Episode Title: 'The Woman Problem'
Director: Michael Morris
Writers: Phil Klemmer, Brian Peterson and Kelly Sounders
In a flashback to two years earlier, Bud (Ciaran Hinds) makes some damaging remarks in an interview about Elaine's relationship with female voters. Elaine (Sigourney Weaver) asks Doug (James Wolk) to wrangle his father in.
In the present day, Elaine sits down with Supreme Court Judge, Diane Nash (Vanessa Redgrave) after presenting her with an award. Nash suspects Elaine is running for President and advises her to watch out for Garcetti. At The Washington Globe, there's talk of Elaine's run, but Susan (Carla Gugino) shoots it down as "cocktail chatter."
That night during dinner, Elaine tells her family of her intentions to run. Just then Bud shows up and says he plans to meet with a pollster. Afterwards, Elaine confronts Doug about giving T.J. money for his nightclub.
Garcetti (Adrian Pasdar) talks to Nash about her retirement and says he wants Elaine to replace her. Alex gets word of this from a source and tells Susan who then warns Elaine. Elsewhere, Bud and the boys visit the lake house of Jubel, a pollster who's wife Bud slept with.
In a flashback, Doug tries to talk to his father about an upcoming interview but Bud blows it off. That night Doug does Ecstasy with Anne (Brittany Ishibashi) and T.J. (Sebastian Stan) at a party. He wakes up in the morning to see Bud make another embarrassing comment in the interview. He accuses Bud of destroying the campaign, but Bud says it was her campaign manager's fault.
Elaine meets with Nash to tell her about Garcetti's plans. Nash advices Elaine to take the seat on the Supreme Court, as her ambition will not be received well.
At Jubel's lake house, Doug finds T.J. snorting coke. Concerned about his brother and the money he gave him, Doug warns T.J. to stop using drugs. Afterwards, Doug tells Bud it wasn't his fault his mother lost in her last run. Bud agrees and says it was his fault. Later, Jubel explains that voters only like Elaine without Bud, as he makes her look weak. He tells Doug that Bud acted the way he did with the press so that Elaine, who was going to lose anyway, would save face. Doug asks Bud why he never told him and the two sit down to start planning the campaign.
Elaine tells Nash she doesn't want her Supreme Court seat and Nash agrees to postpone her retirement, despite her partner's ailing health. Later, Elaine meets with Susan and asks her to join her for a walk the following day, before the President sends her on a world tour. She tells Susan she is not running for President. That night, Susan meets with Doug, who asks her to drop the story about Elaine's run. Susan says she will sit on the story, but wants Doug to tell her everything leading up to Elaine's announcement.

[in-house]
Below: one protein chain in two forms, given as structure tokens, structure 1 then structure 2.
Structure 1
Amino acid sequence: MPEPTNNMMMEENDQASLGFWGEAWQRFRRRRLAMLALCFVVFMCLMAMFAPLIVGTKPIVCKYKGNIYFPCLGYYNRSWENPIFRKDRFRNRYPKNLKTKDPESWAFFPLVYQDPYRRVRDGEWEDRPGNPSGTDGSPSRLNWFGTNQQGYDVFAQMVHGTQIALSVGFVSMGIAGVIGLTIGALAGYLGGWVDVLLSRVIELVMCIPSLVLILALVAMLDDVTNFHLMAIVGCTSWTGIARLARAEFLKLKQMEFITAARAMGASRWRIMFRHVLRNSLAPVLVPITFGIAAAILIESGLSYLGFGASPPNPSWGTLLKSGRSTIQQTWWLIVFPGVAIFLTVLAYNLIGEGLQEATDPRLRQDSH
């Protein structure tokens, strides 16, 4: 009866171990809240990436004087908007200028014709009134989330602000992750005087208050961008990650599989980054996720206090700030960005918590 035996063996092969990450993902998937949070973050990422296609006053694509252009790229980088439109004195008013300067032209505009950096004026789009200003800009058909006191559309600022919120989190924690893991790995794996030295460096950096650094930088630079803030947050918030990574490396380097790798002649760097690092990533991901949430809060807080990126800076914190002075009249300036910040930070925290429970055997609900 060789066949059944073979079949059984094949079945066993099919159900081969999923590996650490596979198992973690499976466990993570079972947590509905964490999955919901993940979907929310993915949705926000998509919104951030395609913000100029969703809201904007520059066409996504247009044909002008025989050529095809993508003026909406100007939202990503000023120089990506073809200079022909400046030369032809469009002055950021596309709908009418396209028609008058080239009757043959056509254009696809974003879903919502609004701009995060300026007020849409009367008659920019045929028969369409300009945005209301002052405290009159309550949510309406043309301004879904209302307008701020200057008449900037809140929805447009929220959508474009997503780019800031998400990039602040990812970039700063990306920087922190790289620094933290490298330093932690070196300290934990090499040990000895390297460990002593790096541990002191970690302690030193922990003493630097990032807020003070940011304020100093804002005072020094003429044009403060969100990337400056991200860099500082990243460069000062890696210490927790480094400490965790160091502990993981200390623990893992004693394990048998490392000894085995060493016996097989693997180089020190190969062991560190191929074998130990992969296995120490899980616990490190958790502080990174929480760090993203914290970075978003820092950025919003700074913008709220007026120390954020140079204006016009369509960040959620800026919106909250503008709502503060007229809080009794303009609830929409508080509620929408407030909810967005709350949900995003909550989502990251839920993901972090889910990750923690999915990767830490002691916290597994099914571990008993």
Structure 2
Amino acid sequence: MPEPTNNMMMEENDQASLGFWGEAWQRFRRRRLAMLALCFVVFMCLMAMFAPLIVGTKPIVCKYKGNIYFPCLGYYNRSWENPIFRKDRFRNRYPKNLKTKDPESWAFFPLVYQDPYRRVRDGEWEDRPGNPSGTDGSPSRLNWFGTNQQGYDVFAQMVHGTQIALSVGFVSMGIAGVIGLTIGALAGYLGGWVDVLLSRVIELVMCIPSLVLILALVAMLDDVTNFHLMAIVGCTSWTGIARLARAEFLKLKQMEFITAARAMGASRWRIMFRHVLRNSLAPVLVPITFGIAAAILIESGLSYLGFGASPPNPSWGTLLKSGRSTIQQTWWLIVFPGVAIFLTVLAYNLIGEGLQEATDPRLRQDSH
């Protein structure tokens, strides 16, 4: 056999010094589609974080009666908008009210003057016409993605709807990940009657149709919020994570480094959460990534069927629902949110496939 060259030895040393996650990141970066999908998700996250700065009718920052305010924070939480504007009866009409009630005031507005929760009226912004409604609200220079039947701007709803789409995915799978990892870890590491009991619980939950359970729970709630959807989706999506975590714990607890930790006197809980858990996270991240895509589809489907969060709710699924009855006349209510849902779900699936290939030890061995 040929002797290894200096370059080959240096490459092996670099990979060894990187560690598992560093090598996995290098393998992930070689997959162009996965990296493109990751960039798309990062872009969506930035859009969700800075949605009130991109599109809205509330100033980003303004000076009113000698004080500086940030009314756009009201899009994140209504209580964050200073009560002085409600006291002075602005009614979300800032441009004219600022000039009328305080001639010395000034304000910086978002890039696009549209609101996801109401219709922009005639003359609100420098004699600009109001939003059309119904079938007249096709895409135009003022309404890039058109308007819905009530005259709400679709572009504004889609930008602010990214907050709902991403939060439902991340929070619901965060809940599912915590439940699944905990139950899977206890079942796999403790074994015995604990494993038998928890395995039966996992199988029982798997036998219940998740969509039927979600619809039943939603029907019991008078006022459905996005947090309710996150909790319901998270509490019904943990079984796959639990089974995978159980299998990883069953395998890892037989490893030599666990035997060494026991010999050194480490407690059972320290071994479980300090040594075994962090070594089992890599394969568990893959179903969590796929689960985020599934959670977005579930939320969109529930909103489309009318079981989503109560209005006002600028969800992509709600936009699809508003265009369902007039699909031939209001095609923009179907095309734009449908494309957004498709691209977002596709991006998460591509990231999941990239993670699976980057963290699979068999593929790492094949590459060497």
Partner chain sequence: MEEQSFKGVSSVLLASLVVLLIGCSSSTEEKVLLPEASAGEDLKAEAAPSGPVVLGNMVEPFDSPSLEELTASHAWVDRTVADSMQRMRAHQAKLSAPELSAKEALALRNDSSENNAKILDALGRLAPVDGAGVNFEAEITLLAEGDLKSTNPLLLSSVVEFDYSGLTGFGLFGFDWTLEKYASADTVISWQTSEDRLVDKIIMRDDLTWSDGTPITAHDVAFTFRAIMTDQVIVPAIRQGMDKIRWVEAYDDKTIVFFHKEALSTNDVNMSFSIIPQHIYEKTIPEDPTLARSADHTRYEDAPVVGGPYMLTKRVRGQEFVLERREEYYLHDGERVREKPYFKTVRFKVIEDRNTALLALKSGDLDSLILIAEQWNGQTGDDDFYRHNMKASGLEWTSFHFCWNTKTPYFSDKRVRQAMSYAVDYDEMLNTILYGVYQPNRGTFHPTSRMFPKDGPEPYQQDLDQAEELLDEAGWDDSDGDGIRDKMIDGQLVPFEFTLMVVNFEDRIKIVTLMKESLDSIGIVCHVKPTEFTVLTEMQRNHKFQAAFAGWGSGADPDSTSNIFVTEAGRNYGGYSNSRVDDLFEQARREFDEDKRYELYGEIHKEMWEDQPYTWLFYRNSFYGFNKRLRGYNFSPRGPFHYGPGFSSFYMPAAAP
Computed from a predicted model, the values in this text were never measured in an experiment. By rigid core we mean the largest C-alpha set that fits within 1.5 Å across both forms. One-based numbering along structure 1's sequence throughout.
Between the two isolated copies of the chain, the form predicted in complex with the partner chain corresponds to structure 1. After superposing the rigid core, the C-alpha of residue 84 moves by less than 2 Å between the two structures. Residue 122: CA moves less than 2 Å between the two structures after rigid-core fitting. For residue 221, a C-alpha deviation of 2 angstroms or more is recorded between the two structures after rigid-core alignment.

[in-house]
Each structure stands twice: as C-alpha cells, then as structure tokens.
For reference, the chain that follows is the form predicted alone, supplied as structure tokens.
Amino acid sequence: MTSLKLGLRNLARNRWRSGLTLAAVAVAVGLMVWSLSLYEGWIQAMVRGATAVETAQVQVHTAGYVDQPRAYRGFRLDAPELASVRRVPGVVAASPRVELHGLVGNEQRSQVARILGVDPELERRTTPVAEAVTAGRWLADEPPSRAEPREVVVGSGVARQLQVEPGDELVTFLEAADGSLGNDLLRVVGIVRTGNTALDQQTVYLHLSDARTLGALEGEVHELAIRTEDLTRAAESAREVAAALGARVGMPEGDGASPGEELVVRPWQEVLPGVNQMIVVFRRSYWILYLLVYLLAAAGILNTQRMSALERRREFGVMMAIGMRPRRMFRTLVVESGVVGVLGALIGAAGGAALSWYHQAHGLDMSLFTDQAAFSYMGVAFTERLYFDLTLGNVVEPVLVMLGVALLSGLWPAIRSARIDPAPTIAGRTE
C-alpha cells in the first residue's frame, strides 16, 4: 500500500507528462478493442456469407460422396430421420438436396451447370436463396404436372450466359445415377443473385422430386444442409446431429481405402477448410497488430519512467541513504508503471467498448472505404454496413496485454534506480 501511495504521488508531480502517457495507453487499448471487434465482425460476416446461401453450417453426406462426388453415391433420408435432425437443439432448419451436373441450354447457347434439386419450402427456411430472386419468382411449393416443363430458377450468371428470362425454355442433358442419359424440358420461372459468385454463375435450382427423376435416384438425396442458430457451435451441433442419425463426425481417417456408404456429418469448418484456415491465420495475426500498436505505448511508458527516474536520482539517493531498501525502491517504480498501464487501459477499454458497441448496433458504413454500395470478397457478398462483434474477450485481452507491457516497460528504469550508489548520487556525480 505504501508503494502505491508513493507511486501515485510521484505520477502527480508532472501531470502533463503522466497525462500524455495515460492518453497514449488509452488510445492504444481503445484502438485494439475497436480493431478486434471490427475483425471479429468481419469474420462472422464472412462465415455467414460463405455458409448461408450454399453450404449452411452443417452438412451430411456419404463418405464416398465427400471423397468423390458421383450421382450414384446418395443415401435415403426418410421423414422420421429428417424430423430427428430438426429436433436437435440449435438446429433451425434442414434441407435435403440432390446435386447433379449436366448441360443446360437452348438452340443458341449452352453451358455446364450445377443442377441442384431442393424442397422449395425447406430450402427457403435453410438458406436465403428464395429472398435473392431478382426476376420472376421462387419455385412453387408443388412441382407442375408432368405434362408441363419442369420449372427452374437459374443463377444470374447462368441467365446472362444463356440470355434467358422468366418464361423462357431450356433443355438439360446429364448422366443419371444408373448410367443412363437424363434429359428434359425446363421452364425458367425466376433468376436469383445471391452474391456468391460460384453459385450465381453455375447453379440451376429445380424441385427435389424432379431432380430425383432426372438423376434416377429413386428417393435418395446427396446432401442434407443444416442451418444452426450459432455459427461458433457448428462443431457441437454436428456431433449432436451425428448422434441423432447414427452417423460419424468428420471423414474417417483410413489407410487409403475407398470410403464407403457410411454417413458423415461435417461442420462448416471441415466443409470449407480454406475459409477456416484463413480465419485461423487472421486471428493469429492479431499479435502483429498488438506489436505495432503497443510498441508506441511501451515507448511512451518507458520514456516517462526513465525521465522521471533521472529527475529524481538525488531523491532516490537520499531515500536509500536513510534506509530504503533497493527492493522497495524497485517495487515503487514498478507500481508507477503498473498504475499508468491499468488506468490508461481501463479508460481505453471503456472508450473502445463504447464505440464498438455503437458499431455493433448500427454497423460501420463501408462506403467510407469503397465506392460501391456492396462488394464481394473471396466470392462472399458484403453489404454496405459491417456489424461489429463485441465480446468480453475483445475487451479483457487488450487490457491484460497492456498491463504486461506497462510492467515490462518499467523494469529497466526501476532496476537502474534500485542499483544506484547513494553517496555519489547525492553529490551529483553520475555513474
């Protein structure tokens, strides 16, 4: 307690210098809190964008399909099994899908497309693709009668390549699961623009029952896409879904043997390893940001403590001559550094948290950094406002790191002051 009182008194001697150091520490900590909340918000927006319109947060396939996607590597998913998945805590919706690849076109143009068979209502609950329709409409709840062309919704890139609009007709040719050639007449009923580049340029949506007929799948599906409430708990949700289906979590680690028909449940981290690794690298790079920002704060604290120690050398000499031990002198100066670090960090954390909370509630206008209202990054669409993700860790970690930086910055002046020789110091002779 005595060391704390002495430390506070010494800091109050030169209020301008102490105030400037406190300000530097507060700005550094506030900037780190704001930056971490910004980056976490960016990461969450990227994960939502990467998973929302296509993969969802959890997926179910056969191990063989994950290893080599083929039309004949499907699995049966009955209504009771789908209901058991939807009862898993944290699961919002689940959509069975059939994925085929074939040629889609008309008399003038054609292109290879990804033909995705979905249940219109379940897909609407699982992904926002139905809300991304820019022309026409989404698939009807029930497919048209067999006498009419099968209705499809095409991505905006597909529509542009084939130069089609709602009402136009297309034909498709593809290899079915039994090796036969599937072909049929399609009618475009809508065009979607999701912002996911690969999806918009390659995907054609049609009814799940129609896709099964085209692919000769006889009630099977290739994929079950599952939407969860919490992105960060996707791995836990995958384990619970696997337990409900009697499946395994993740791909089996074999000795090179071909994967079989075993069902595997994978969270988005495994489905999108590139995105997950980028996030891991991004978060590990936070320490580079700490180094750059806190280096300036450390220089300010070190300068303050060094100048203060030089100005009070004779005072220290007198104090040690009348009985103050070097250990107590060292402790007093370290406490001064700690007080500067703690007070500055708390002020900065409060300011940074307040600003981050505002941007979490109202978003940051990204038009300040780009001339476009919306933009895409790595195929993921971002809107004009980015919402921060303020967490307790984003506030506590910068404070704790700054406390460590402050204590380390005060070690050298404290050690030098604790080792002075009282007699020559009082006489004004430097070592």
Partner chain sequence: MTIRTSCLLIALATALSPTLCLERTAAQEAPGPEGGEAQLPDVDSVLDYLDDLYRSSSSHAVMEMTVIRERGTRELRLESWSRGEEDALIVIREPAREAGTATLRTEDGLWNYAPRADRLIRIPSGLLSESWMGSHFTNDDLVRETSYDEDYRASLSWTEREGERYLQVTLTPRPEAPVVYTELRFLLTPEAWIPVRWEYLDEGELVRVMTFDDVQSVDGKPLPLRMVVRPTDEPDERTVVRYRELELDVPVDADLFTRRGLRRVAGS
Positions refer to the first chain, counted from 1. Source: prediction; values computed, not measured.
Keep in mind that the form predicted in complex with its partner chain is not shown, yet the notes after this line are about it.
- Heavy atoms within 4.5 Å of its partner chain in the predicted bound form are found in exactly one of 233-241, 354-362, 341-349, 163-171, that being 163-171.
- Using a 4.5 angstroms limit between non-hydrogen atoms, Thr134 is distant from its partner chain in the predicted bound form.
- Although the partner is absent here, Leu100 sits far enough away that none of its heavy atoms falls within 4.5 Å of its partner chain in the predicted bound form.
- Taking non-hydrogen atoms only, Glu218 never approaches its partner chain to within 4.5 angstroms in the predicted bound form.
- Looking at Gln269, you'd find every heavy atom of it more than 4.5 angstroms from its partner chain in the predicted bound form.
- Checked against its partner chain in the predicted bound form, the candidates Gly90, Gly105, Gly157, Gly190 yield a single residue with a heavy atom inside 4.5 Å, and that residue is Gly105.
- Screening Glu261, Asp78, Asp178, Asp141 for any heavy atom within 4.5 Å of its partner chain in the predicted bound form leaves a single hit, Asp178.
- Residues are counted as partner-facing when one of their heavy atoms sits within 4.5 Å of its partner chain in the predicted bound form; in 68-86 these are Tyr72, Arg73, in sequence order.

As "Political Animals" hits the midpoint of its six-episode run, it's become clear that the show is as much about the politics of family as it is about Washington, D.C. intrigue. Telling a complete story as big as this one is an ambitious goal, but one creator Greg Berlanti is on pace to accomplish.
The better "Political Animals" gets — and it gets better each week — the more bittersweet the show's short run feels. In this week's episode, we learned more about Bud's seemingly disastrous tactics during Elaine's first run for the Oval Office. The character of Bud Hammond is much more than the womanizing Bill Clinton clone he initially appeared to be and Irish actor, Ciaran Hinds steals scene after scene in this role. Unfortunately, we'll only get three more episodes of Bud and his silver-tongued politicking.
But instead of lamenting the show's short run, let's celebrate all that was great about "The Woman Problem." Besides Ciaran Hinds, Sigourney Weaver and Ellen Burstyn had two of the best scenes of the series so far, as Elaine and mother, Margaret have it out over Elaine's decision to reach for the golden ring, once again. And guest star, Vanessa Redgrave was excellent as Elaine's wizened mentor and Supreme Court judge on the cusp of retirement.
As for the men of the family, the show's short run hurts their storyline the most. With Bud such a larger-than-life character, Doug and T.J. pale in comparison. All T.J. seems to care about is his nightclub and getting high, which makes me care little about him. And after the end of this episode, it looks Doug's only role is to play pawn for Susan Berg, who now "owns" him.
With so much ground to cover in so little time, it's not surprising that a couple characters feel a little cookie-cutter. Susan, Elaine and Bud provide more than enough intrigue and drama to carry the hour.
"Political Animals" has now established what all the players want. Redemption for Bud, another Pulitzer for Susan and the Oval Office for Elaine. What's left to find out now is how far they're willing to go to get it. And equally important, who will suffer as a result.